By Peter Gleason

The Phillies have so many new faces in their Clearwater spring training camp that you literally need a scorecard.

But one old face sticks out.

Carlos Ruiz, 37, is one of only two remaining members of the Phillies’ 2008 World Series championship team. In fact, he is only one of two remaining members from the Phillies’ last postseason team in ’11.

Ryan Howard is the other, but Ruiz stood alone on Thursday morning at Bright House Field as Phillies pitchers and catchers held their first official workout. The team conducts its first full-squad workout on Tuesday.

“I miss those guys,” Ruiz said. “They’re part of my family.”

Ruiz is the oldest player in Phillies camp, which is likely his last. He is in the final year of a three-year, $26 million contract, following the worst season of his career. The Phillies have a $4.5 million option for Ruiz for 2017, but unless he finds the fountain of youth, they are expected to take a $500,000 buyout instead.

Ruiz hit .211 with two home runs, 22 RBIs and a .575 OPS in 320 plate appearances in 2015. Catcher Cameron Rupp started 56 of the team’s final 92 games (60.9 percent) and 33 of the final 49 (67.3 percent). That trend is expected to continue this year.

“I’m going to try to enjoy every day,” Ruiz said. “This is part of my life, and I don’t know how long I’m going to be here. I know I want to enjoy my teammates, this organization. … But I don’t want to think about that because I’m real excited about this year.”

Some Phillies fans have wondered what value a catcher like Ruiz might have in 2016. The reality is he has plenty, even if he cannot perform like he has in the past.

Ruiz has been one of the most-respected and well-liked players in the clubhouse for years. The Phillies are looking for leadership. Ruiz can provide some.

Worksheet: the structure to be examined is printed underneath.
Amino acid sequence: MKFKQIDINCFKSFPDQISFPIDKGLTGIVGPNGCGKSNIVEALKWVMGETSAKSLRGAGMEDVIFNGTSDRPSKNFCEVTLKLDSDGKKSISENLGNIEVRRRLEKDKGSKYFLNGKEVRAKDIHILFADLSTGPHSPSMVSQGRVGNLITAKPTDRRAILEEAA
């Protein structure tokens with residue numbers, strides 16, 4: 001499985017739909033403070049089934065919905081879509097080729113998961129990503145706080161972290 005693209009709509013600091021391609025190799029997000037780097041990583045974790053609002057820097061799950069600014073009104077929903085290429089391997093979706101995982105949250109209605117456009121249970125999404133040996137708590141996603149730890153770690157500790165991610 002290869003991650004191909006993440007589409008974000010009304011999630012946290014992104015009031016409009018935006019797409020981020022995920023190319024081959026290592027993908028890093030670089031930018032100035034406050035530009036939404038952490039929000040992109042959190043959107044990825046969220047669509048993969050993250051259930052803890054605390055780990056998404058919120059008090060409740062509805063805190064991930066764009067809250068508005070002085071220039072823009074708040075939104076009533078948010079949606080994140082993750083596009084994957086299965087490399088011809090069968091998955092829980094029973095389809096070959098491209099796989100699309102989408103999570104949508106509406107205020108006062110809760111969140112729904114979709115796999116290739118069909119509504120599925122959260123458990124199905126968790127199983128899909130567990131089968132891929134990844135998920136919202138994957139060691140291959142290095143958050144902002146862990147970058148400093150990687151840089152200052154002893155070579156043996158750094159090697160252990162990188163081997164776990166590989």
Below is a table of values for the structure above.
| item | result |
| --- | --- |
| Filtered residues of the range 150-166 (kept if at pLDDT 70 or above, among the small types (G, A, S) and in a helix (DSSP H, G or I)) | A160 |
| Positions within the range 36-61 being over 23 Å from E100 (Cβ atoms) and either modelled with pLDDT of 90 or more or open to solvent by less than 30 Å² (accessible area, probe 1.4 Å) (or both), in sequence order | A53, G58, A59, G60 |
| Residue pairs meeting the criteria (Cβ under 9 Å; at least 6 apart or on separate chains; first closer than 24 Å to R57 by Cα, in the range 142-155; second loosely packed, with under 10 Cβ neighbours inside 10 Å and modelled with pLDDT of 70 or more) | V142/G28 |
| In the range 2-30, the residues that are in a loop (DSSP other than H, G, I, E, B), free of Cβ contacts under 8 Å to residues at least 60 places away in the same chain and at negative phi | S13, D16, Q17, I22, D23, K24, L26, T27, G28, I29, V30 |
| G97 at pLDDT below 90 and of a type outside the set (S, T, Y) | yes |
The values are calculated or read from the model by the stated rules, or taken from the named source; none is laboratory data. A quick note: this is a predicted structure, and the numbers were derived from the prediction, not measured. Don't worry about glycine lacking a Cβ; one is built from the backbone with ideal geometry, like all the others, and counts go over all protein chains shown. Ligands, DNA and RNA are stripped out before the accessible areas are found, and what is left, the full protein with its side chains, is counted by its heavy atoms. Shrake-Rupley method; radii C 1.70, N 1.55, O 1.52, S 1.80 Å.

Ruiz obviously has a wealth of knowledge he can impart upon Rupp and catching prospects Jorge Alfaro and Andrew Knapp. Ruiz has caught some of the most dominant pitchers of his era, including Roy Halladay, Cliff Lee, Roy Oswalt, Hamels, Jamie Moyer, Jonathan Papelbon and Brad Lidge. Ruiz has started 46 postseason games, too. He caught some of the most masterful pitching performances in Phillies postseason history, including Hamels’ run as a World Series and National League Championship Series Most Valuable Player in 2008, as well as Halladay’s no-hitter in Game 1 of the 2010 NL Division Series.

Think Ruiz can’t teach a few things to the Phillies’ young pitchers and catchers?

“I like to be around young guys because they make me feel young, too,” Ruiz said.

Ruiz got to camp earlly and has already been working with Alfaro, who is one of’s top 100 prospects.

“He has good hands and he can swing the bat,” Ruiz said. “He’s a guy you have to keep your eyes on. He’s young, but he can play.”

But Ruiz wants to offer more than advice and knowledge. He still believes he can play. He battled some weakness in his left shoulder last season, following surgery in 2014. He said the shoulder feels fine.

“Whatever happened last year is over,” Ruiz said. “I come into this year with a different mentality, ready to go.”

So if Ruiz proves he still has something left in the tank, how much longer would he like to play?

“Right now I go day to day,” Ruiz said. “I don’t know how long. It depends on how my body feels, but right now I feel good. I feel strong. I believe I can still play every day. It’s not in my hands. The only thing I can control is what I do on the field. I’m ready. We’ll see what happens.”

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